Via The Times:
It is created from short strands of DNA, the substance that carries genetic code and which forms a twisting double helix structure inside living cells. The researchers obtained their raw material from salmon sperm, although just about any living thing is a potential source.
These filaments of DNA are combined with a chemical derived from vegetable oil, which binds the strands together. This produces a squishy, malleable substance known as a hydrogel that can be fashioned into different shapes using moulds.
The gel is then freeze dried, which removes water and causes it to solidify.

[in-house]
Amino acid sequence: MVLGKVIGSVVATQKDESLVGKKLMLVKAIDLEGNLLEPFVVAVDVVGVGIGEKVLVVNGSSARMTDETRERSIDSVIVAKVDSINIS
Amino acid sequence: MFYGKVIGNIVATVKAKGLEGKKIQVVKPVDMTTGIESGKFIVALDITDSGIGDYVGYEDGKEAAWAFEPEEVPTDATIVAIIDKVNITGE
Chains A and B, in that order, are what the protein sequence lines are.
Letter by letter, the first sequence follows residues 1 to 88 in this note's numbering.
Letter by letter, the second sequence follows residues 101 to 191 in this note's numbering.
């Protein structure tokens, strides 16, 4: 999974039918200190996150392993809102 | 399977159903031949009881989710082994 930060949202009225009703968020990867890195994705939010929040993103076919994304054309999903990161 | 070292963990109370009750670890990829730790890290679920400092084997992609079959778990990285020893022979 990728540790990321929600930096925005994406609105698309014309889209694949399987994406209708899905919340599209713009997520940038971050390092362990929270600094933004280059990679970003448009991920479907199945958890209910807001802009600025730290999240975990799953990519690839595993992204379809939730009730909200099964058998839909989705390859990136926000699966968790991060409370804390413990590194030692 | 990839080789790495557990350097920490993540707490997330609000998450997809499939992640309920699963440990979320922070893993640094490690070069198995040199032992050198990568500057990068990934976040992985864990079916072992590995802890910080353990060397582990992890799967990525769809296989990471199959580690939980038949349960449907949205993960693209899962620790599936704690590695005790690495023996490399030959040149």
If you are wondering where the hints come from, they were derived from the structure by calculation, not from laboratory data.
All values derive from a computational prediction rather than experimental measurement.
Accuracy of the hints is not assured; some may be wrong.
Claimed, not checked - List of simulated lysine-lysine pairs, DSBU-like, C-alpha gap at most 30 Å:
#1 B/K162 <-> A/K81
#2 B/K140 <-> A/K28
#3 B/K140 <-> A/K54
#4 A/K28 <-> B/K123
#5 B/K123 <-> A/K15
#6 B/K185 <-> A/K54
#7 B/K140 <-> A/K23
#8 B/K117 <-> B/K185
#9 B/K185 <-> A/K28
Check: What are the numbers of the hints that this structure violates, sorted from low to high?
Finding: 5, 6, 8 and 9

The research was published this month in the Journal of the American Chemical Society. DNA-based plastic is just one discovery in a rapidly-growing bioplastics industry, but it's not a perfect alternative to the polyethylene we're used to. The DNA-based plastic turns into a gel when wet, which defeats some of its purpose. The team of scientists, based in China at Tianjin University, believe the substance could still be used in electronics or packaging.
The discovery is a tiny step toward sustainable bioplastics, but ultimately, the climate crisis is going to require a lot more than jizzing into a cup.